Marian Collier (née Huxley)
- Extended catalogue entry
© National Portrait Gallery, London
Marian Collier (née Huxley)
by John Collier
Oil on canvas, 1882-1883
24 3/8 in. x 19 3/8 in. (619 mm x 492 mm)
Click on the links below to find out more:
Inscriptionback to top
Signed and dated in red lower left: ‘J. Collier / 1883’.
This portraitback to top
The sitter married fellow artist John Collier in 1879 and this is the second of two recorded oil portraits by him, showing Marion as a fashionable young wife. In his Sitters Book, it is listed as ‘Marion Collier, standing’ under 1883 (as with the signature) and also as having been exhibited at the Grosvenor Gallery in 1882 (as indeed it was). This inconsistency suggests that the canvas was re-worked, an inference supported by the fact that the signature and the flowers, which overlie the dress, are later additions.
It seems likely that this work was painted while the artist was sitting to his wife for her large portrait of him (NPG 6811), presumably at the start of that endeavour. Intriguingly, however, while Marion’s portrait of John shows a reversed image on his easel which is similar in format to the present work, it depicts a left profile and ruffled lace collar. Was that Marion’s invention, or John’s original concept for this portrait?
In 1884, the year after her portrait of John was shown at the Grosvenor, Marion Collier exhibited a portrait of her sister Nettie (RA 1884 ) and a neoclassical subject picture of two undraped and semi-draped female figures entitled By the tideless, dolorous midland sea (Grosvenor G., 1884 ), which was apparently bought by Arthur Lewis. By this date, however, her psychological condition was grievous and in 1887 she was examined by the celebrated neurologist J.-M. Charcot, specialist in nervous hysteria, who arranged for treatment in Paris. With her husband and two nurses she travelled to France, but died suddenly, from pneumonia, on 19 November at Suresnes, probably in the psychiatric clinic established there by Valentin Magnan.
Her obituary reads:
We regret to announce the death of the Hon. Mrs Collier, daughter of Professor Huxley and wife of the Hon. John Collier, the well-known artist. Mrs Collier, who was only 27 years of age, died at Suresnes, somewhat suddenly, of inflammation of the lungs, on Friday night last. She herself had remarkable talent as an artist. Her first picture, “The Sins of the Fathers” was favourably placed at the RA in 1879 [sic]. She was also an exhibitor in 1881, showing, in addition to a subject picture, a full-length portrait of her sister Miss Nettie Huxley. In another year her picture “By the Tideless Midland Sea” was one of the chief attractions at the Grosvenor Gallery, where Mrs Collier also exhibited some very charming child portraits.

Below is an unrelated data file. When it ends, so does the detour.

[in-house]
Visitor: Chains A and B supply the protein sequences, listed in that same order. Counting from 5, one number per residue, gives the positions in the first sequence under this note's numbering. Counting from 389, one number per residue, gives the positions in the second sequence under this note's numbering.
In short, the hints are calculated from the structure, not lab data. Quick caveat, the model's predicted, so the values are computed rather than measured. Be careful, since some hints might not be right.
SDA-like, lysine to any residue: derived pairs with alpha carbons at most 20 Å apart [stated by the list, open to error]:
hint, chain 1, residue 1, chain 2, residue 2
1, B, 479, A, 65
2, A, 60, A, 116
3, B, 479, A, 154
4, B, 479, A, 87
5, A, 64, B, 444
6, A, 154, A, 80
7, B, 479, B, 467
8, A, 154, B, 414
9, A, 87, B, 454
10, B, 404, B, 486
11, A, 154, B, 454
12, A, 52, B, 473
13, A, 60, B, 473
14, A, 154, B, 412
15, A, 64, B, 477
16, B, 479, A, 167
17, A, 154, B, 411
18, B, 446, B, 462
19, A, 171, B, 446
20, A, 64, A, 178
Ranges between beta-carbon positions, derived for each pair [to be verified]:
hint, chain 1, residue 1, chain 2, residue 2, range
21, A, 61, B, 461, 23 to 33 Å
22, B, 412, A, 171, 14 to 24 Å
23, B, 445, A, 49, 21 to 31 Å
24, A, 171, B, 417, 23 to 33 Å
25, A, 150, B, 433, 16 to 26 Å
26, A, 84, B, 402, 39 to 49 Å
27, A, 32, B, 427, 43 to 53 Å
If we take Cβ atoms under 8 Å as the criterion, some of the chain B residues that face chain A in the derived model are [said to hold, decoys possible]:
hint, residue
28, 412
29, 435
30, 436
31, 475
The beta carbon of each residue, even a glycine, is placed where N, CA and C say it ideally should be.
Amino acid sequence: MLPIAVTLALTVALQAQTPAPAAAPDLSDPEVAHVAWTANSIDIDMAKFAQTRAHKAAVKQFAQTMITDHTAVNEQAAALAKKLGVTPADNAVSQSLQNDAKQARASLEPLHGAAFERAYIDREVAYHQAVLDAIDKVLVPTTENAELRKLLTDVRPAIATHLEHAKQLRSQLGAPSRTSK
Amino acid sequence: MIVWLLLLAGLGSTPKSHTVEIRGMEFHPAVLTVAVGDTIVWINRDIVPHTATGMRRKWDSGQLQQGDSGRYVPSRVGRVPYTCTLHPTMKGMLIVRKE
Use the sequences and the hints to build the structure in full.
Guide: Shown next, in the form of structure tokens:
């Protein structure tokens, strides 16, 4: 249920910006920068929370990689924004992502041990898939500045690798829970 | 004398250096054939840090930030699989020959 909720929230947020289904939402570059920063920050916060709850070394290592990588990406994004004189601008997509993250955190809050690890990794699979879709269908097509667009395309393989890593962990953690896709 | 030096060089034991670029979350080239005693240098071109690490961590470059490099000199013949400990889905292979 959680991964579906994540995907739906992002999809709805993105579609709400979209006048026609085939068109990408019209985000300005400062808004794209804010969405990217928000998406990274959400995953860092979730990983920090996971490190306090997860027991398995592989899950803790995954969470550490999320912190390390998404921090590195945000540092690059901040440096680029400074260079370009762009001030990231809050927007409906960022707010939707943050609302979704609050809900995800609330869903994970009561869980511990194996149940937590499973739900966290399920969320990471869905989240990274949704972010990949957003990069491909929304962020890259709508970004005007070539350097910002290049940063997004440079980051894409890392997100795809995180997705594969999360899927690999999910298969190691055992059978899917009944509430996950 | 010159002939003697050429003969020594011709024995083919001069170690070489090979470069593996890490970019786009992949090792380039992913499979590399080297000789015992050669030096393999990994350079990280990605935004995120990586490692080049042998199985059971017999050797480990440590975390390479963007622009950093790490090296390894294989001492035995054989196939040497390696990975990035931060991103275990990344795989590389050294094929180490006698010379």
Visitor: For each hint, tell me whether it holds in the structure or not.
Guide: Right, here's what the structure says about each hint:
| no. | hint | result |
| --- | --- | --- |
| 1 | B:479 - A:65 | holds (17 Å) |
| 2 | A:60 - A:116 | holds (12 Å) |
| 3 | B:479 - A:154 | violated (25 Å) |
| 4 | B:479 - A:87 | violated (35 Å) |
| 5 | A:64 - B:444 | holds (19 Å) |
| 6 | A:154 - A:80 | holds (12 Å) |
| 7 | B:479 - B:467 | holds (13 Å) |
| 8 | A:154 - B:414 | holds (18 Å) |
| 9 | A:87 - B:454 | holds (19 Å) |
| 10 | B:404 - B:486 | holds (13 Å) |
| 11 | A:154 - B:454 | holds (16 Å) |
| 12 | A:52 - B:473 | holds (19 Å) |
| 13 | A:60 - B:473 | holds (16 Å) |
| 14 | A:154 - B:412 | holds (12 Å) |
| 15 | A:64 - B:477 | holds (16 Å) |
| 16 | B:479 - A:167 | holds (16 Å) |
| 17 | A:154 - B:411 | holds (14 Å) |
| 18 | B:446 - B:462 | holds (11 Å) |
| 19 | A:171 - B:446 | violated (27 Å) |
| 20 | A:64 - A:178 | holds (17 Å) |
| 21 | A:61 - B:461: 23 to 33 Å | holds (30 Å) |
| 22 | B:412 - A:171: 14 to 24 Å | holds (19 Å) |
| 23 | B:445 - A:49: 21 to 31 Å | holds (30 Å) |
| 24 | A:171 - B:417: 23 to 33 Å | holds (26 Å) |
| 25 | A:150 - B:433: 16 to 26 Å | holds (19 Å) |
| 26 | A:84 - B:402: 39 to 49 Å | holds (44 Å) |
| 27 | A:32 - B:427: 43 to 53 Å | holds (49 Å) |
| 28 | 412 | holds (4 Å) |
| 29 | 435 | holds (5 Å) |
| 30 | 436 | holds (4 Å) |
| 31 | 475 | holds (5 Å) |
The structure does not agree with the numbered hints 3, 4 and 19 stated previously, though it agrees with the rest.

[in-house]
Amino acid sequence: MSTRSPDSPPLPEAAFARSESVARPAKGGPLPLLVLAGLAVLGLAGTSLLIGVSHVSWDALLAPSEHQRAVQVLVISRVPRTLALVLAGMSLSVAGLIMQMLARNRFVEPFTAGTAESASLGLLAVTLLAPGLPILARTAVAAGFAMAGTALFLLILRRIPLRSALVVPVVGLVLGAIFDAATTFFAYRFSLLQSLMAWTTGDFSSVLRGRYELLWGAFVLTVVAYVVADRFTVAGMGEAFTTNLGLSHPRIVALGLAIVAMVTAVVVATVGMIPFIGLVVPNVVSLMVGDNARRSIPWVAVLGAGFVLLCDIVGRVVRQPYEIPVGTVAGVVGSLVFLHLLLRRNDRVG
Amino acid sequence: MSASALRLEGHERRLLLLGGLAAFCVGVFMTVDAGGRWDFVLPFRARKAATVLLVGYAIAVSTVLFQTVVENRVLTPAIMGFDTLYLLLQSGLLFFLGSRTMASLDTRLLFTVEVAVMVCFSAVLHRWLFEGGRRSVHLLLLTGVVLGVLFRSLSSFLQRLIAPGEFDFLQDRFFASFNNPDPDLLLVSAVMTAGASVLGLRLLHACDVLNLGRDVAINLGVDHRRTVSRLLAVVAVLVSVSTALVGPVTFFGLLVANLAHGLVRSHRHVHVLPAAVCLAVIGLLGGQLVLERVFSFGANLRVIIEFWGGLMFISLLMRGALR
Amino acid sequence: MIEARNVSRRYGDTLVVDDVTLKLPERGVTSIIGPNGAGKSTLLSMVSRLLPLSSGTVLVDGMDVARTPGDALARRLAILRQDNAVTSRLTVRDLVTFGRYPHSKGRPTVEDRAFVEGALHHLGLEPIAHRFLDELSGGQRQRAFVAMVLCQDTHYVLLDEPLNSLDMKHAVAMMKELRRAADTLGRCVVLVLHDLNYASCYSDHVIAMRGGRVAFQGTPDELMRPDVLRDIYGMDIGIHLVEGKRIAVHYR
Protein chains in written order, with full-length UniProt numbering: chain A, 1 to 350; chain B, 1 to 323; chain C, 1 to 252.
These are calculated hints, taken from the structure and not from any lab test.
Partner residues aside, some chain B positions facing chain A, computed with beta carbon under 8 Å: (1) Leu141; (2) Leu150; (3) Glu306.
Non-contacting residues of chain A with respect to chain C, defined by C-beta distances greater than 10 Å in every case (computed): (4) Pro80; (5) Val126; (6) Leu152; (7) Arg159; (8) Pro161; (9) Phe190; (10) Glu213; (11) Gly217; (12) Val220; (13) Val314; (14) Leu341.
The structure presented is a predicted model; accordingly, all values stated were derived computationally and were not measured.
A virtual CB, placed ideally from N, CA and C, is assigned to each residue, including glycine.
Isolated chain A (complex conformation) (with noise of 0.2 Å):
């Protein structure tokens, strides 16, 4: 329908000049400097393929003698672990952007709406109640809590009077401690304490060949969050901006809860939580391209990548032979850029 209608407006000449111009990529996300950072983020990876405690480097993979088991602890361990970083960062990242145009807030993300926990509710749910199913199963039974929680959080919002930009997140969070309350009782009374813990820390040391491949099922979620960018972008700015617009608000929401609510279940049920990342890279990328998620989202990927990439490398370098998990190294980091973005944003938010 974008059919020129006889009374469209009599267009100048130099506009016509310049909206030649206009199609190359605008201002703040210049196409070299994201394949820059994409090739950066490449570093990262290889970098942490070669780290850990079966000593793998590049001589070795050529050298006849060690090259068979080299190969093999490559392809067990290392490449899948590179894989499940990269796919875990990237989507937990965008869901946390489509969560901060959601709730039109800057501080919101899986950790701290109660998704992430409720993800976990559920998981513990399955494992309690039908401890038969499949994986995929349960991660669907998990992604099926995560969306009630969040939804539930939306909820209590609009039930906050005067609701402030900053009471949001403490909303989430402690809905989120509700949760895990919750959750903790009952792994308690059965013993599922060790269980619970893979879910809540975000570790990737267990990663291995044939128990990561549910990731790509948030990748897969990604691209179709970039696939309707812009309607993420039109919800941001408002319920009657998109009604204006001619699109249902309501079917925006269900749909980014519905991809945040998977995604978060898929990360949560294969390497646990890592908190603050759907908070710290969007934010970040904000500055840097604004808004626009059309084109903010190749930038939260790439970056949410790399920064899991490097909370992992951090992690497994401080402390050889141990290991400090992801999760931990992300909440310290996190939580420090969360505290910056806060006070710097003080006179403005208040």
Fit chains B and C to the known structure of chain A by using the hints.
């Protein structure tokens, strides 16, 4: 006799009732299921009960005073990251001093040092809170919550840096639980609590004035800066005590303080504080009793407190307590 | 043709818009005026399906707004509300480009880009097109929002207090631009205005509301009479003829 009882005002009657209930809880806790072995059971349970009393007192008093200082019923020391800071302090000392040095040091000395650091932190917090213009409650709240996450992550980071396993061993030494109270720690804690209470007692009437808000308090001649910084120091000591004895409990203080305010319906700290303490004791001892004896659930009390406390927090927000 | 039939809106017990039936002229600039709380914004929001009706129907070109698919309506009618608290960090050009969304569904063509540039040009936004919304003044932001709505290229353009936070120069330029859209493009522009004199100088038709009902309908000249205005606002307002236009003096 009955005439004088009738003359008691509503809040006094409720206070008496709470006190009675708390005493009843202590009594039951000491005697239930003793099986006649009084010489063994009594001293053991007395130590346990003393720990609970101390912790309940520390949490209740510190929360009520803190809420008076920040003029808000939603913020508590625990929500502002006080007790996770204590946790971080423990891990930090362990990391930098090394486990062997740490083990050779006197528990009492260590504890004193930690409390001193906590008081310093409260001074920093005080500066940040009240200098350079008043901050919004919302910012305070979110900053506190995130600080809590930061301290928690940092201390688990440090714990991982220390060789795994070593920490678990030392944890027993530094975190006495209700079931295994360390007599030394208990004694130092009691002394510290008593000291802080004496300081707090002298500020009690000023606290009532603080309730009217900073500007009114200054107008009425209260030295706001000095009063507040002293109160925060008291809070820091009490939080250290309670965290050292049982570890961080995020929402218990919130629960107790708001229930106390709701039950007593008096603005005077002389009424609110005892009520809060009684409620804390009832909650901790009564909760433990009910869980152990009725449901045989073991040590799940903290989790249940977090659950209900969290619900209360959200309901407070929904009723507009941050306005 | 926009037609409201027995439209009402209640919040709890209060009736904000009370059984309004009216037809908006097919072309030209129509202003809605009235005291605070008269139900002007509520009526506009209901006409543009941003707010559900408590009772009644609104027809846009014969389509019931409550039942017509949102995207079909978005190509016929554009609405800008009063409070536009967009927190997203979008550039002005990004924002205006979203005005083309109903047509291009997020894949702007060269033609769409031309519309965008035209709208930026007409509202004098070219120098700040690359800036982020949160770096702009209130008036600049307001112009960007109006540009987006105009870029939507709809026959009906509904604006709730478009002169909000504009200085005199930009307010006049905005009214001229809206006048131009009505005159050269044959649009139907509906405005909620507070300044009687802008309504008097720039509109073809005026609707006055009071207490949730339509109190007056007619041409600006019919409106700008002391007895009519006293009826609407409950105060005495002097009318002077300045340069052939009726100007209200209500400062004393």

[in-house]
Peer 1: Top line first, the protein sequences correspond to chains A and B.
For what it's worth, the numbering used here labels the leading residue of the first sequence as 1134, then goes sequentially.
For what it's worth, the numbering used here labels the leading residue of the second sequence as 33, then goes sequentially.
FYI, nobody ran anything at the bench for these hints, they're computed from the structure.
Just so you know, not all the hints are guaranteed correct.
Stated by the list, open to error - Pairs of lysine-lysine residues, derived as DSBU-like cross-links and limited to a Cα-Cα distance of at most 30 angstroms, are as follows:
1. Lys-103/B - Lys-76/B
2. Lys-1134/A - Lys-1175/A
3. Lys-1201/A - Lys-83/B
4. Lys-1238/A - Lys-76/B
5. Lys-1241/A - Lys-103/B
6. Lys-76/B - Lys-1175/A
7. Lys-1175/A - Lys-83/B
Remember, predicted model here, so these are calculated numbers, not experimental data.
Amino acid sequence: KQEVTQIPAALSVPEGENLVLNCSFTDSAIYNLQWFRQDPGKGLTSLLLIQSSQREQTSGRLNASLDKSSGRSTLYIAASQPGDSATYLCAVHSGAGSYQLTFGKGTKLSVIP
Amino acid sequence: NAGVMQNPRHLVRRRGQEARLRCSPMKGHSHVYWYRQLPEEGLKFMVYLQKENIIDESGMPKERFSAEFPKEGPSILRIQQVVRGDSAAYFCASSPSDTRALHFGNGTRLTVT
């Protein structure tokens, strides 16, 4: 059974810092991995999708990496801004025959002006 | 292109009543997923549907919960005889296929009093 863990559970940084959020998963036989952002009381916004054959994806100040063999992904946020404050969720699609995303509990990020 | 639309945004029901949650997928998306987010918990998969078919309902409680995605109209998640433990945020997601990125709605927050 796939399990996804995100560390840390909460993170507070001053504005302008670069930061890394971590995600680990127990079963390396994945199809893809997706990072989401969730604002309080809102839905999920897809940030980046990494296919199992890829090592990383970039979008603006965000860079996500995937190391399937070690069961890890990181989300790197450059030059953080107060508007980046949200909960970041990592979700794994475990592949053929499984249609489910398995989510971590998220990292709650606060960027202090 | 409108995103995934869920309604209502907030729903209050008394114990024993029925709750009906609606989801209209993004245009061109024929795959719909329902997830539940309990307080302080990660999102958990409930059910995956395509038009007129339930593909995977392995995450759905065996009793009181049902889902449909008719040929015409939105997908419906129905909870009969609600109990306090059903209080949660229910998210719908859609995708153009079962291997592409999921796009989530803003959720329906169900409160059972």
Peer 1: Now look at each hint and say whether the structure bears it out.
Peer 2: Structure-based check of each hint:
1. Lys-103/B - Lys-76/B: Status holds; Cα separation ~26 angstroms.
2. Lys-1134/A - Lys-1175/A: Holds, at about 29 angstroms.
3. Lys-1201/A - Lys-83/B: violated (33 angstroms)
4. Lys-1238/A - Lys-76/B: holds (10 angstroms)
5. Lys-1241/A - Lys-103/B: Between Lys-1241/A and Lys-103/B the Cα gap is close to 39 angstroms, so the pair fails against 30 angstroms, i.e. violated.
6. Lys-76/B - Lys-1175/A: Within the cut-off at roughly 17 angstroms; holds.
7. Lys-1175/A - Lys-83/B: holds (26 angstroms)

Dr Jan Marsh
Footnotesback to top
1) John Collier, Sitters Book 1879–1934, copy NPG Archive.
2) In his earlier, full-length portrait of Marion (see ‘All known portraits, By other artists, 1880’), her husband had originally placed a crimson rose on her white dress, before being persuaded by Louise Jopling to alter it to yellow on varnishing day at the Grosvenor G. See Blanche Lindsay’s Diary, 28 Apr. 1880; quoted Henrey 1937, p.226.
3) Title from A.C. Swinburne, The Triumph of Time, ll.321–4: ‘There lived a singer in France of old / By the tideless dolorous midland sea. / In a land of sand and ruin and gold / There shone one woman, and none but she.’
4) It was loaned by Lewis to the Victorian Era Exh. in 1898 and sold with his pictures from Moray Lodge, 3 Feb. 1898: ‘“By the Tideless ..etc” sold for 71 gs’: The Times, 4 Feb. 1898, p.2.
5) Described by Adrian Desmond (‘Huxley, Thomas Henry (1825–1895)’, ODNB, Oxford, 2004; online ed., Oct. 2009) as a recurrence of ‘hysteria’ which occasioned a first collapse in 1882; see also Desmond 1994–7, vol.2, pp.175–6 for Marion’s final weeks.
6) The Times, 23 Nov. 1887.
Physical descriptionback to top
Quarter-length, standing, profile to right, brown hair, grey eyes, wearing dark blue bodice with high embroidered or beaded lace collar, pink flowers on breast.
Conservationback to top
Provenanceback to top
With artist and descendants; purchased 1989 from Jillian (Lady) Greenwood, sitter’s granddaughter.
Exhibitionsback to top
Grosvenor Gallery, London, summer 1882 (52).